How much does geography influence the homicide rate?
A lot. A whole lot.
Did you know that half of all violent crime in the U.S. is concentrated inside 13 zip codes? Furthermore, 2/3 of U.S. zip codes report zero to one homicide per year. That means that 66% of the country is quite safe from murder.
Murder is (by and large) a localized problem.
These 13 so-called “murder zones” tend to share certain features. They lean toward:
high population density
more younger residents than average
more racial segregation
many vacant structures/lots
slightly more males than females
more single mothers,
longer police response times,
less access to medical care,
unsafe public transportation
greater disparity of other resources
lower high school graduation rate
Here’s one example from my hometown, Detroit, Michigan in zip code 48204. This area lies to the south of W. Davison and north of Tireman. Some refer to it as the “Barton-McFarland” neighborhood. If you’ve traveled I-96 at Livernois you were in the heart of it. This five-square mile area ranked almost 800% higher than the national average for homicide. On an international scale, zip code 48204 ranks 22nd as one of the most dangerous communities in the world.
Most of Europe is safer than this zip code.
Another way of grasping how concentrated homicide is in the U.S., it’s safe to say that half of all murders occur within a collective 90-square mile area of a country of over 3 million square miles
In April of this year, a long-time resident of this hazardous area, 38-year-old Duane Peterson, ran the IJU (It’s Just Us) street gang. He was interrupted in his beating of a petite woman in the parking lot of a liquor store by a car of people stopped at a red light. They took notice. He took offense. He showed his offense by shooting into the car, killing one of the passengers.
These 13 so-called “kill zones” can be found on the East Coast, in the desert southwest, in the heartland – even near the White House. They’re not identical year to year but most never gain a rating of being safe.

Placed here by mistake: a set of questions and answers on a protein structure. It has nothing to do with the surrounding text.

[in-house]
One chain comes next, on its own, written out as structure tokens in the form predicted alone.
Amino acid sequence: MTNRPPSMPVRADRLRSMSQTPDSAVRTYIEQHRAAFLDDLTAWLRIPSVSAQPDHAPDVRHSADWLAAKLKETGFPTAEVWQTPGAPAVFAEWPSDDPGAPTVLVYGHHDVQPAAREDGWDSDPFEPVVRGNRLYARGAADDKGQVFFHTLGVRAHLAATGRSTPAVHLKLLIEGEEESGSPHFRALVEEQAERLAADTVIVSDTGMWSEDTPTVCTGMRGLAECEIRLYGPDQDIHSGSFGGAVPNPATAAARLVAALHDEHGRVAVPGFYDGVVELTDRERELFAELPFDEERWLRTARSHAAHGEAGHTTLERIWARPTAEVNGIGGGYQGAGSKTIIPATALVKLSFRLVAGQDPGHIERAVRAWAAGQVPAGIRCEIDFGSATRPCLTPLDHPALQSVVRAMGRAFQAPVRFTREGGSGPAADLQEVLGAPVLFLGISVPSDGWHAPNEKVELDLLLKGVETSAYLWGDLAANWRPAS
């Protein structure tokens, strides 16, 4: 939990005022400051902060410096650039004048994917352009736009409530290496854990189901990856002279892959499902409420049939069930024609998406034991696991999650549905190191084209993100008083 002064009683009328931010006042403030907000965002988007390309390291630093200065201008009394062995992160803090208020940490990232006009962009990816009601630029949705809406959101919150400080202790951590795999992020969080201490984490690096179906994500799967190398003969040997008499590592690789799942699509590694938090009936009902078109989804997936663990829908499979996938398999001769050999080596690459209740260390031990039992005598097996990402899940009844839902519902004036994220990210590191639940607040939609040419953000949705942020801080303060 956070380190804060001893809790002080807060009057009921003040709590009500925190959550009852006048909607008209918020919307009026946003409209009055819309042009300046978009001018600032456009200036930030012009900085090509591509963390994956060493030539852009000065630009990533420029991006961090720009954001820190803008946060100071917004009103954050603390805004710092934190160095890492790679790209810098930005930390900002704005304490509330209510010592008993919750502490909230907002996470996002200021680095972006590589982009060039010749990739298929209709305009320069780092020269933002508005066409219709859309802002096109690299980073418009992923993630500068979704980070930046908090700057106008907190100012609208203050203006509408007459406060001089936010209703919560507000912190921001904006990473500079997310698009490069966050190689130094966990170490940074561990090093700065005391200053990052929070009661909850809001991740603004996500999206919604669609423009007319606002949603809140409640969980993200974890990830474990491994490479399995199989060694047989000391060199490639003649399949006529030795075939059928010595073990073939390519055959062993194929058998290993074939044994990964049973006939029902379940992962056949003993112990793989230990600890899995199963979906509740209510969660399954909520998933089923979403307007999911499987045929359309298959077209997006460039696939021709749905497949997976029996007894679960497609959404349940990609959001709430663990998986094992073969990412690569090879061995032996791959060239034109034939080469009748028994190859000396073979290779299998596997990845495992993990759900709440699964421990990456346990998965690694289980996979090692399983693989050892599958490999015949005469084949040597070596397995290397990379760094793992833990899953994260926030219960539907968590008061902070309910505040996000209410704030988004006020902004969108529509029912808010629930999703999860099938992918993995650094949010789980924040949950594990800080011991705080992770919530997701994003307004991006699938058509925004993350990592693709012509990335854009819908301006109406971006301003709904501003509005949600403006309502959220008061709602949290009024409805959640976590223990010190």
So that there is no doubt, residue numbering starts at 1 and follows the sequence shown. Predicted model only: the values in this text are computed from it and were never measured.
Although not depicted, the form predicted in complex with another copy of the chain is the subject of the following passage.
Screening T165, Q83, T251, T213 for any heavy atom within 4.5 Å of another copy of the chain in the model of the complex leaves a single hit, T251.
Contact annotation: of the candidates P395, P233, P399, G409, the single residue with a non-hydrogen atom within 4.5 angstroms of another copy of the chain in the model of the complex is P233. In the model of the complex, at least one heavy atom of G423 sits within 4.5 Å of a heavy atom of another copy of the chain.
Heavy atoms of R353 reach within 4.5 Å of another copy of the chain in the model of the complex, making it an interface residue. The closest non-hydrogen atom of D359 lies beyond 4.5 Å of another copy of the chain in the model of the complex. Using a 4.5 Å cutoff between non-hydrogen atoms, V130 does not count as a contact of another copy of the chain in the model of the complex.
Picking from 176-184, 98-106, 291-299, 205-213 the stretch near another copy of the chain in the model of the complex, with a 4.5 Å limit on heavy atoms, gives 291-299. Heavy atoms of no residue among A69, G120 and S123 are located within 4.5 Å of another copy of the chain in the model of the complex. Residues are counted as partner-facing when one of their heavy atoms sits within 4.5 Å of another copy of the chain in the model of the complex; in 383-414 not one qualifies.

US military personnel who served during the wars in Afghanistan and Iraq had a lower chance of being killed than those living in one of the top 13 zip codes known for homicide. The parents of these young men and women have every reason to worry. Just walking to work, being at work, or pausing at a red light is enough to get you killed. Homicide remains the leading cause of death for black males under the age of 44. And young black females run twice the risk of dying from homicide than their Caucasian peers.
Four Other Factors Influencing the Crime Rate
Medical Trauma Intervention
Quick and effective medical trauma intervention saves lives. Quite simply, talented, experienced physicians have become very savvy in treating GSW. Our homicide rate would be higher without them.
A second influence on the crime rate is the number of abandoned structures. The DOJ has shown the correlation between abandoned buildings and violent crime.
Specifically, they found that 41% of abandoned buildings could be entered without force and 83% showed evidence of illegal activity including homicide. Crime rates on blocks with open abandoned buildings were found to be twice as high as matched blocks without open buildings.
Police Response Time
A third variable is police response time. It’s often the difference between life and death. Response times have swelled to unacceptable levels in many major cities, especially in poor areas with a high number of minority residents. Response time is linked with the number of officers on duty to respond. Problems recruiting and retaining officers slow the ability to help.
But if you live in rural America, it’s worse. You may even be on your own. Rancho Tehama Reserve California is an example. It’s a settlement at the end of a two-lane road that meanders through the hillsides of the Sacramento Valley near Mt. Shasta. It was a peaceful place where everyone pretty much minded their own business. But the crime rate has risen faster than the national average. The Tehama County Sheriff’s Office is responsible for covering a 3,000-square-mile county. They’re so understaffed that they cancelled daytime patrols. They just don’t have the personnel needed to fill the role. They say a call to 911 will likely bring no promise of help.
Stalled Crime Labs
A fourth variable impacting homicide rates (indirectly) is the underfunding of crime labs. Labs that cannot process evidence in a timely and accurate fashion interfere with arrests and convictions. So, detainees slip through the cracks and are released.
And this brings me to the topic of the increase in cold cases. Hollywood could have us believe no one can get away with murder nowadays. But despite mind-blowing advances in forensic technology, closure rates are dropping – down to a flip of the coin.
There are many reasons for this. Chief among them are personnel shortages, an increase in stranger-to-stranger homicides, and an increase in a culture of “no snitching” for eyewitnesses.
Concentration of the Problem and the Solution?
So, what if spending was concentrated where crime was concentrated? What if just a slice of the $280 billion spent at state and local levels annually were dispersed to address crime and crime prevention in these 90 square miles of trouble?
I would submit that reallocating resources would not just benefit the residents of these hot spots of crime. Anyone who drives through or works in or attends school in these areas would benefit too.
As Koren Reyes has said:
“The trick is not to think outside the box,
but to realize there is no box to begin with.”